"The idea of VIM as a graphical based text editor is anathema."

    Nope. Its just technology, not religion. Why so many people confuse the two is beyond me...

  • I have been using Vim since 6 years. Believe me in IT field editing in VIM is the only best thing i have ever encountered, other than programming. I am always ready for editing because of VIM and i will never get tired of it. Thanks Bram.

    BTW, Nice article.

  • 1 - Regarding the use of % to jump to a paired bracketing character -- that was brought along from vi.

    2 - The previous disparaging review seemed a bit lame to me. Why should vim-GUI be "anathema"? And call me ignorant but I am unaware of text editors (as opposed to word processors) with most of these features. If you want to use MS Word, you get automatic spell checking, but none of the common Windows _text_editors_ can do it. And although it wasn't mentioned, vim can select and move rectangular blocks of text -- I know of maybe two other text editors (one of which was a old DOS "Word Processor" -- not very good as a word processor but not bad as a text editor) that can do it.

    I side with the vim lovers.

  • Bill Anderson

    @ anonymous:
    First, GVim has existed for a long time. Second, retaining the keystrokes is not silly it is smart. Why should the behaviour be different? Many of us still maintain systems that have no X on them, but our local desktops do. Keeping the keystrokes the same means less learning and complexity.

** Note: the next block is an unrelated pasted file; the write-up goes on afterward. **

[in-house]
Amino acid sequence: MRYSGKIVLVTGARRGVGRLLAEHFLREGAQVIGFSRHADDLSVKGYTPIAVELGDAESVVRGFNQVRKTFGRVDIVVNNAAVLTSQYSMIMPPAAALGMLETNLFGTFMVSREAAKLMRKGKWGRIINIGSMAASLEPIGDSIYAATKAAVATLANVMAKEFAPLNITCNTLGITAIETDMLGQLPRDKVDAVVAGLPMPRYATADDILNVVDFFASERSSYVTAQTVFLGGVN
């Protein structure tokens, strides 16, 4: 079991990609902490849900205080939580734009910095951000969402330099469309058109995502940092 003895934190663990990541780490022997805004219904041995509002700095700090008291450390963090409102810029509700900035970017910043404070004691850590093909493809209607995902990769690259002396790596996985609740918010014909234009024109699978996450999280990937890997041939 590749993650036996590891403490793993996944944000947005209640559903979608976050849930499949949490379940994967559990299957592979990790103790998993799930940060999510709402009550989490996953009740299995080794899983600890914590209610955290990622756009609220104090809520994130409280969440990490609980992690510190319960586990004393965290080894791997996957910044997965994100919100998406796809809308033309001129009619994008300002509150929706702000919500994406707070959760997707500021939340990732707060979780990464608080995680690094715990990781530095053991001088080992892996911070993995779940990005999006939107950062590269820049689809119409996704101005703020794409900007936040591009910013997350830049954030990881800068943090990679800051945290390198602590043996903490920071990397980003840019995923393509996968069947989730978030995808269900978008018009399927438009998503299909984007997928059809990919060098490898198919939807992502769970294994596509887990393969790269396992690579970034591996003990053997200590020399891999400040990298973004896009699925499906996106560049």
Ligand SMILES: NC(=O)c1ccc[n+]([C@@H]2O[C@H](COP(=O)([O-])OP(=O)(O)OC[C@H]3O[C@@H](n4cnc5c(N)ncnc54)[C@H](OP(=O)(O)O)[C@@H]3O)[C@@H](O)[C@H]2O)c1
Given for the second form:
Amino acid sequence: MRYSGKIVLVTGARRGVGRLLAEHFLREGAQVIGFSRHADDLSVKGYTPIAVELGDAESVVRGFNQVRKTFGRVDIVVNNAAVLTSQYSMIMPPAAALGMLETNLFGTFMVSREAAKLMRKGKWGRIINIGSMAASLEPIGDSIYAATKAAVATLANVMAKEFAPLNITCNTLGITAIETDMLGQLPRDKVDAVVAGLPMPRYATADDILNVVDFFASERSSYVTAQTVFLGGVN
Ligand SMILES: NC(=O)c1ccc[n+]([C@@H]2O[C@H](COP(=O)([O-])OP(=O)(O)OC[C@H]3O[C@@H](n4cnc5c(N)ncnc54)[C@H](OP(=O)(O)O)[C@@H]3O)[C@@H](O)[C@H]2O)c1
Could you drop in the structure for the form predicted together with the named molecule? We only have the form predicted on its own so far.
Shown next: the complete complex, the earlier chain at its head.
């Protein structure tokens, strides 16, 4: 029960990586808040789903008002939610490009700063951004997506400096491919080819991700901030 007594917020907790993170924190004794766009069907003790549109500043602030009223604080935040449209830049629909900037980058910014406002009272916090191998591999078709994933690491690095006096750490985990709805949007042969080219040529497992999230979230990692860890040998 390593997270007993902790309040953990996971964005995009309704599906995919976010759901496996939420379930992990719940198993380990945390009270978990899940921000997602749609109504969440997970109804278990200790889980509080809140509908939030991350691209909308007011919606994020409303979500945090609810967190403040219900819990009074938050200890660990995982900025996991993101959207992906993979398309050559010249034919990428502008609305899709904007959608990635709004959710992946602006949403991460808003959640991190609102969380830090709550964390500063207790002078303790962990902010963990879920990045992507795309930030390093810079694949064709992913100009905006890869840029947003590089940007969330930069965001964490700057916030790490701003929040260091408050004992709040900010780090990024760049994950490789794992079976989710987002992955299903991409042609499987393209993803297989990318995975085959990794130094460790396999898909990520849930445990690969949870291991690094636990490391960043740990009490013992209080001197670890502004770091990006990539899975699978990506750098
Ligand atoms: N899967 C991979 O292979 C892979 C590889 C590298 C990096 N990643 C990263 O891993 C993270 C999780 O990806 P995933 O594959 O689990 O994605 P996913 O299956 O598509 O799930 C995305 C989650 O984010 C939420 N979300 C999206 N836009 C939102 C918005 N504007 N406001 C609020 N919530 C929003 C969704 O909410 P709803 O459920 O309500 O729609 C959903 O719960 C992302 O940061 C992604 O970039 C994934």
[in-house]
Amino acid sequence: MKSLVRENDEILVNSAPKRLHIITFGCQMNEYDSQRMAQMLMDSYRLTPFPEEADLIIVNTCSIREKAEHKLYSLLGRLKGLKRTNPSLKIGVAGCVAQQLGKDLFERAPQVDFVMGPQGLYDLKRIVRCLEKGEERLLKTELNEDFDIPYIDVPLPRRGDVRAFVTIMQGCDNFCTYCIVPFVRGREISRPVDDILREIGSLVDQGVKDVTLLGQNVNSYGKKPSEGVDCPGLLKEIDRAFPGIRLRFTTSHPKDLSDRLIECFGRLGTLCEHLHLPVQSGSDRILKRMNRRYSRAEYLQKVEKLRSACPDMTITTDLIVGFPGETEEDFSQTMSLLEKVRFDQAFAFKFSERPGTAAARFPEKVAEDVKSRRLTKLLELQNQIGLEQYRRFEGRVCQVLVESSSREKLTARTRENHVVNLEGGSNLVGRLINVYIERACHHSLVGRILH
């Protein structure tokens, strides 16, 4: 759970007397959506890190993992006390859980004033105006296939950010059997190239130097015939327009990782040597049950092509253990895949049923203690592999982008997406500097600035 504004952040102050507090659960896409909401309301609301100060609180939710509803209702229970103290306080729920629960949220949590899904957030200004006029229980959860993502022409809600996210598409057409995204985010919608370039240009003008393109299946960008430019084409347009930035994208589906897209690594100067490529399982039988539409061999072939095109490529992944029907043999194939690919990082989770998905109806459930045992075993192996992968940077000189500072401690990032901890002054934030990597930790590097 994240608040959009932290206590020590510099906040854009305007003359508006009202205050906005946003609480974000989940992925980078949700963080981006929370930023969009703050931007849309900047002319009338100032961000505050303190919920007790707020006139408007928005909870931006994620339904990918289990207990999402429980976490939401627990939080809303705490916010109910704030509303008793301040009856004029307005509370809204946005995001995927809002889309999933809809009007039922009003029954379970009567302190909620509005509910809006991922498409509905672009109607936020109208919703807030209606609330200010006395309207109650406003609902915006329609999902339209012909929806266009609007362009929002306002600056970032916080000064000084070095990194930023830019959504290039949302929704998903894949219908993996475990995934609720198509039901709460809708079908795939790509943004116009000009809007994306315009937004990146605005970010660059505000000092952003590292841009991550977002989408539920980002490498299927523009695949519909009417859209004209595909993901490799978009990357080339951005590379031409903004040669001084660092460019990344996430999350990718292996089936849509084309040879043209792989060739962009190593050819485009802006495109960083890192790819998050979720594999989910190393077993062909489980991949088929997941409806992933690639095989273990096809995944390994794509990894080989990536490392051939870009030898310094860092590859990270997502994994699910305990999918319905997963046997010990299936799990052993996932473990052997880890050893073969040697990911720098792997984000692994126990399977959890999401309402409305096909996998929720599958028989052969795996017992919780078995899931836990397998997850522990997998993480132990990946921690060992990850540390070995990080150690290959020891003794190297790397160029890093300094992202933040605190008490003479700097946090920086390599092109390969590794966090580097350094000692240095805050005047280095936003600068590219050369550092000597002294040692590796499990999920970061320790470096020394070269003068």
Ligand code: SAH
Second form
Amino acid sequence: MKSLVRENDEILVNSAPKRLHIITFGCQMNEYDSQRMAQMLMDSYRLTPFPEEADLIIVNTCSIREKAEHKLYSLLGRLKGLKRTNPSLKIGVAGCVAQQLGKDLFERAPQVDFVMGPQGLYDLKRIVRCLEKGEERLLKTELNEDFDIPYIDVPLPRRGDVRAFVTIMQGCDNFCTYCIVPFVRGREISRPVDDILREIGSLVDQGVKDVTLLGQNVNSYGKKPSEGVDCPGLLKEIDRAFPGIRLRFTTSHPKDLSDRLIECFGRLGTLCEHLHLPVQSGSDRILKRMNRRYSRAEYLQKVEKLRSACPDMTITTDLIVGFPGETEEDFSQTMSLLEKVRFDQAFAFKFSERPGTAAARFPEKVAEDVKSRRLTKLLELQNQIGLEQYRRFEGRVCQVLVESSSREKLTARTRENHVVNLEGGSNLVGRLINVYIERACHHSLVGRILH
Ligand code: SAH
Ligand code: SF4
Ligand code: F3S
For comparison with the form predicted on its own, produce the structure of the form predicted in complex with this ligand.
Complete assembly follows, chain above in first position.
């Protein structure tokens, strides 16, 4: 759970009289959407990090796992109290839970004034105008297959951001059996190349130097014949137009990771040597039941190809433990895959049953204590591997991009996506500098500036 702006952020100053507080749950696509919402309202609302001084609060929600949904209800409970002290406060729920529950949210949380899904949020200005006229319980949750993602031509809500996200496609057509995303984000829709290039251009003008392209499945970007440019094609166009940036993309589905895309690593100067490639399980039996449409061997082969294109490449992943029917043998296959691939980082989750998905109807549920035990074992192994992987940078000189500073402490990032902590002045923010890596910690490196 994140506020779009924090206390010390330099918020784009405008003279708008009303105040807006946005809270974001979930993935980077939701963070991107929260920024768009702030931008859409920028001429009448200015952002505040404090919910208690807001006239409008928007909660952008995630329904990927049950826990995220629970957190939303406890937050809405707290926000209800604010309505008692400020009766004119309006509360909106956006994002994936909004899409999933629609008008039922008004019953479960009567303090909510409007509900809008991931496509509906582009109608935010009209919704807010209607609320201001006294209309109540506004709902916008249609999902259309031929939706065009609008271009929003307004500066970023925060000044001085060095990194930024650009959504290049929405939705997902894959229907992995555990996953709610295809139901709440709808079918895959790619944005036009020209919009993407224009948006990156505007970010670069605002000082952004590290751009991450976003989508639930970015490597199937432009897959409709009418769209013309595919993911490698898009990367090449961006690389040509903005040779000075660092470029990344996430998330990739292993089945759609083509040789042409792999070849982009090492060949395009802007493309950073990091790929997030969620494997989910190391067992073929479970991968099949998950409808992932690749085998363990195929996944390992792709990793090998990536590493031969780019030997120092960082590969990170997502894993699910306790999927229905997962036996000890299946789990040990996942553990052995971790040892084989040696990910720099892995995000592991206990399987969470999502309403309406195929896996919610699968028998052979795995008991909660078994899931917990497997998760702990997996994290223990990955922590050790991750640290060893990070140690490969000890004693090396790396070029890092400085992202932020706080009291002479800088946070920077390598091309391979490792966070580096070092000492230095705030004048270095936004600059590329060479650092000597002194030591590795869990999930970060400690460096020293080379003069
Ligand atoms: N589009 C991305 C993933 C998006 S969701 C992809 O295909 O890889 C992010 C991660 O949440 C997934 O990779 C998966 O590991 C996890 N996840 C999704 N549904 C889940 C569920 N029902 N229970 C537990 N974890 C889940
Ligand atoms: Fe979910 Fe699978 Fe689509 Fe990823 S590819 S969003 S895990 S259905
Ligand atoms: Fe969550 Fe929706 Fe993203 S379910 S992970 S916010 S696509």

Related to the features, again many of us use Vim on non-guified systems. When Windows editors are able to do theses things as well as run on non-guified systems you can have valid complaint. However, that is not the case.

    Graphical Vim is a good idea. One that has been around for a long time. The ease of graphical dedicated windows, separation of console, and retaining existing knowledge and spead of keystroke sequences. Further, not all guified systems rely on mice there are many window manager systems that are designed to be operated entirely by keyboard. it is quite fast.

    BTW, clearly you are not a Vi user. "c" is already taken, it stands for "change". Come back and grouse when you have just cause.

  • Don't hit escape. Hit ctrl-[. Same thing, but faster. Thanks.

  • If you've ever used Vim, you'll know that there's nothing you can say to bash it. There's no text editor that is better.